Thursday, September 21, 2017

The Grieving Disease

I have another name for Alzheimer's disease.  I call it the grieving disease.  It seems to me that when I start dealing with one aspect of Scott's illness something comes along that makes me take ten steps back.  This usually involves tears and adjustments and eventually acceptance.  Acceptance until something else about Scott is lost to me.  I honestly don't know who people who don't have a belief in Heavenly Father are able to deal with all that is required in helping a loved one make this journey of forgetting.

Arizona Update

The good news is we made it to Arizona in one piece and your dad handled the drive extremely well.  We stopped several times and I had him walk around a little.  I also switched between music channels and he seemed to enjoy the music.  In fact several times he sang along and was clapping.

The not as good news was the visit to the doctor.  It was probably the most frustrating experience I have had in a long time.  I know there is not a positive outcome with Alzheimer's but I knew less coming out than I had already known going in.  The one thing that I did learn was that 10% of Alzheimer patients have seizures. That means that he will have to take seizure medicine from now on.  Dad has lost a lot of weight and so the doctor wants to switch him to another medication that will make him more sleepy but will improve his appetite. I am uncomfortable with that possibility.  The nurse took him in and did a series of test but the doctor didn't tell me anything about what the results were.  His only telling question was "do we have long term care insurance?"  I guess it is good that I read everything I see about Alzheimer's so I know what is happening and what is coming next but without that information I would have left without any help at all.  The seizure has taken a toll on him.  The week before the seizure I was noticing he was really getting more mellow and our four drives each day had gone down to two (mostly instigated by me because he didn't seem to care.)  He is now very lethargic and doesn't seem to be aware of things around him.  I suspect that is the affects of the seizure medicine.  The dose he is on is the lowest they give.  Now the doctor wants to add switch from one medication that is supposed to make him even more tired so I am not sure about that.  On Wednesday of next week I have a doctors appointment here so I plan to talk to him about maybe keeping the old medication if the new one creates more problems.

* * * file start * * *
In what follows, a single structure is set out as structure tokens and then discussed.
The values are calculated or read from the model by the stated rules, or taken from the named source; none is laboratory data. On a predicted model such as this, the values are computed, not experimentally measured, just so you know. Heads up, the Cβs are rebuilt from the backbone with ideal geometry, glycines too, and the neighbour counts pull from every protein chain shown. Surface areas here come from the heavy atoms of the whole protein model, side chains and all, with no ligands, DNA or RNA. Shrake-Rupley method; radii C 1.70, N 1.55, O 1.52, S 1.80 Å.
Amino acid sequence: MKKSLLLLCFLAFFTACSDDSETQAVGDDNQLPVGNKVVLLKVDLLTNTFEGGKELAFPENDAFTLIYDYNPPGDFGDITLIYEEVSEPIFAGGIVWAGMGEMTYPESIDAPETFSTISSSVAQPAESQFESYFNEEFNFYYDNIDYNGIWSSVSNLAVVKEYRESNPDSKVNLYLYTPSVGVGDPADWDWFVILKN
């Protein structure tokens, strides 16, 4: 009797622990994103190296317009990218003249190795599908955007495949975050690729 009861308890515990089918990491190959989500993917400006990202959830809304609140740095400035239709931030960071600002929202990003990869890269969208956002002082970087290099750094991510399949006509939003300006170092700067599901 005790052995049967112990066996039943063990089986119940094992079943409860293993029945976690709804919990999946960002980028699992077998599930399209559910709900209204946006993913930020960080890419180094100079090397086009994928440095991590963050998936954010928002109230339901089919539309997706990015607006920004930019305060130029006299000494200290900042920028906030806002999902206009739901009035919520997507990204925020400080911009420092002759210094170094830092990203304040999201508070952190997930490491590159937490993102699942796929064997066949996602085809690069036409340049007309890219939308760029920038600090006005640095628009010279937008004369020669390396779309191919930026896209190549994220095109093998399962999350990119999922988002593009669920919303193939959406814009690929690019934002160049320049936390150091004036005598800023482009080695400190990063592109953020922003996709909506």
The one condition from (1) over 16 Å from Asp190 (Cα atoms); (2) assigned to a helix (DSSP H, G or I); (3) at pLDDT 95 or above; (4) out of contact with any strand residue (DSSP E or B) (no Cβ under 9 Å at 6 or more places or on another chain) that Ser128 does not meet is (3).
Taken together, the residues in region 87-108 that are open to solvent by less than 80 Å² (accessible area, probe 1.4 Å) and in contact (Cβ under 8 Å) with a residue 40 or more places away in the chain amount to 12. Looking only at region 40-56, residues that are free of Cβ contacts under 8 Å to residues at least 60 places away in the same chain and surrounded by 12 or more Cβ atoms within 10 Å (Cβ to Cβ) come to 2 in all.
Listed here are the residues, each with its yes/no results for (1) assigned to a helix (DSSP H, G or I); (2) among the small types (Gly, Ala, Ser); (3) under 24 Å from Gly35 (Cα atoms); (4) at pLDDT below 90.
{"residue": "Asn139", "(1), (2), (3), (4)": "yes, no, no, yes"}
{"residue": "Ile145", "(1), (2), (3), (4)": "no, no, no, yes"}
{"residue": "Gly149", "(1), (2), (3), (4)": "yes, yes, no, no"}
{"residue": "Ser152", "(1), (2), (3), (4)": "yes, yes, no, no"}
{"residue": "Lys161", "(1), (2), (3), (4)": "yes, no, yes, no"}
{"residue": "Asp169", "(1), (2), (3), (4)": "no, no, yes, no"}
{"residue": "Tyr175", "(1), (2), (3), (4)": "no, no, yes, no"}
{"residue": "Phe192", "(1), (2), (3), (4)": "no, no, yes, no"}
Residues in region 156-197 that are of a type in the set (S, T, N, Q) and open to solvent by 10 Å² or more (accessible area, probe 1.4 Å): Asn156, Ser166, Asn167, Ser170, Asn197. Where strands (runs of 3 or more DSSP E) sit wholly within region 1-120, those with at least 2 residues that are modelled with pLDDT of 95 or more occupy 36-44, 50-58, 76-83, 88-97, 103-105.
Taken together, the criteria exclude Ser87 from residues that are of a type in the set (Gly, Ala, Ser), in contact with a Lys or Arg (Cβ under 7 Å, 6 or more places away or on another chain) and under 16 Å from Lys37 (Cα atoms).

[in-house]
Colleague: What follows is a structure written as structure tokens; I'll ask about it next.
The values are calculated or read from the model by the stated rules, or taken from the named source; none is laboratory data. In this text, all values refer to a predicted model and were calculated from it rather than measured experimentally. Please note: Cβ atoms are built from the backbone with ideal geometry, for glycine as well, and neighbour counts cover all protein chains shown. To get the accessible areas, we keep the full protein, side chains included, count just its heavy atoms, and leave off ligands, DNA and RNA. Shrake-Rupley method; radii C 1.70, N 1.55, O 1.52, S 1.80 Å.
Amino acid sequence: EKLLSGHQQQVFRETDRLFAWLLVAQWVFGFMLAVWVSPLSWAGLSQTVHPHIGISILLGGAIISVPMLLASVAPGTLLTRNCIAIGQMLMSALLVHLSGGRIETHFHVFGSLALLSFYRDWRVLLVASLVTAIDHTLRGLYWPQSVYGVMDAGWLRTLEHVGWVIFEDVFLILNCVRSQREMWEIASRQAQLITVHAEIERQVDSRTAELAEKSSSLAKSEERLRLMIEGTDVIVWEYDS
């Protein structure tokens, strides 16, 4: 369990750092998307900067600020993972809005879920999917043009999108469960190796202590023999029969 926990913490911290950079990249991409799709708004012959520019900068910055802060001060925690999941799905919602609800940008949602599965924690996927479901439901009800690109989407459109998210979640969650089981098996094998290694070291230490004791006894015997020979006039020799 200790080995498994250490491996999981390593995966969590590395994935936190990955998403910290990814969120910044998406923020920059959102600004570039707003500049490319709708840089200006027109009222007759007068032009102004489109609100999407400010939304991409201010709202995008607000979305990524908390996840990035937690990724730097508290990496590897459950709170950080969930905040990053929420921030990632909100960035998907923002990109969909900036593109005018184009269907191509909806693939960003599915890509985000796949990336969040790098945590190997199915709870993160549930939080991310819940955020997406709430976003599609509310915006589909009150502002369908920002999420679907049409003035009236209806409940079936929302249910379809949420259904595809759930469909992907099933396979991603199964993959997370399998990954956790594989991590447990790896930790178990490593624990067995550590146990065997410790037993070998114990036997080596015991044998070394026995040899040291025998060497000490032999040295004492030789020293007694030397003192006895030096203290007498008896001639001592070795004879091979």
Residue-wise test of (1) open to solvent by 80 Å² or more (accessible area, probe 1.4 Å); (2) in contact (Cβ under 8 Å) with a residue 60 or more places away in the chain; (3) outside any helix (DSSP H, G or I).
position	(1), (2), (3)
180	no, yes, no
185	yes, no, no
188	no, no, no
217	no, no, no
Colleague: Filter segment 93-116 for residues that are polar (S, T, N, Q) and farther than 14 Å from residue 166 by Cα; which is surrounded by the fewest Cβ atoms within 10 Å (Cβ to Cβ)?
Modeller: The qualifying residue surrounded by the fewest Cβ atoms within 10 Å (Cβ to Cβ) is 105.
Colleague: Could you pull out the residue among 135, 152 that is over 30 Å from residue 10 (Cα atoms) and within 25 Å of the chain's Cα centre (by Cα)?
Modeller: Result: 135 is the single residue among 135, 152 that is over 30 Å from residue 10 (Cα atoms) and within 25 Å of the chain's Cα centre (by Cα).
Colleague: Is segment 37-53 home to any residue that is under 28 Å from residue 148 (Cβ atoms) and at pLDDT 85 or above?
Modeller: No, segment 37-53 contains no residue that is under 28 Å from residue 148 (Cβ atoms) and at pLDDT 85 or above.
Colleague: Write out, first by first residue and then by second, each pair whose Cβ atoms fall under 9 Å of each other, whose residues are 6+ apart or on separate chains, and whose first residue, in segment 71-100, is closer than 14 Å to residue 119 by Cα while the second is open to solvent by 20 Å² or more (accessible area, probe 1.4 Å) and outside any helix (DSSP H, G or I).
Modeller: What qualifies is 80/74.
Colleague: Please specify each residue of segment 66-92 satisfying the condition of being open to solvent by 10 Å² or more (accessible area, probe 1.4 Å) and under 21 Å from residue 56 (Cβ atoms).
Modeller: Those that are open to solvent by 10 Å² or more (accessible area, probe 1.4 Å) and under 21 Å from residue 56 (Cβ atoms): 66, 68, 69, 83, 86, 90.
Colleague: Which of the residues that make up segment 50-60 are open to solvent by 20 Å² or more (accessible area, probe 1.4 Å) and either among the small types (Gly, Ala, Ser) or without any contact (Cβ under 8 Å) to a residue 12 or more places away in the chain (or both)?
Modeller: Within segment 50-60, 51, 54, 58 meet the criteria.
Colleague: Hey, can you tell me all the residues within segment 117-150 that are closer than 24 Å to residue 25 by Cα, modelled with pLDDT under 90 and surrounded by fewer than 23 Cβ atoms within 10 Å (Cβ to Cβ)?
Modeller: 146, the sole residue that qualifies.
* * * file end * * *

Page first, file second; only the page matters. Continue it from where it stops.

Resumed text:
We came home this morning and the trip was also very uneventful.  It was so nice spending a little time with Christian and Amy and the kids.  Bill, Bev, and David came up from Sierra Vista and we all went to dinner together so that was also a special treat.  I told the doctor that we won't be coming back (not because I was mad at him--but I was!) but I know that there really is nothing more he will be able to do and putting dad through the trip just doesn't seem worth it.  

Sunday, September 17, 2017

Seizure!

I always think I am getting the hang of Scott's Alzheimer disease and then I get thrown a curve!  This morning at 6:50 I am dozing in and out of sleep when all of the sudden Scott makes the most horrible sound. It was so bad that I literally jumped out of bed.  I then experienced the most painful sight that I could have ever imagined.  The seizure lasted for about four minutes and ended with
his eyes rolled into the back of his head and blood oozing out of his mouth.  Not something I want to ever experience again.  After a number (7 in fact) of hours in the ER he was released with a prescription for anti-seizure meds and an appointment to see his regular doctor tomorrow.  The doctor in the ER thinks that his seizure was caused because of dehydration.  I suspect that is true because getting him to eat very much or drink enough water has become a real challenge.  Bless his heart he doesn't remember a thing about any of this but unfortunately, I don't think I will ever forget the terror I felt!

Saturday, September 16, 2017

Dear Elaine,

Senior Class Picture 1967-1968
My journal prompt that I decided to do was, write a letter to teenage you.  I have spent the week thinking about this and it is actually pretty hard, but here goes!

Dear Elaine,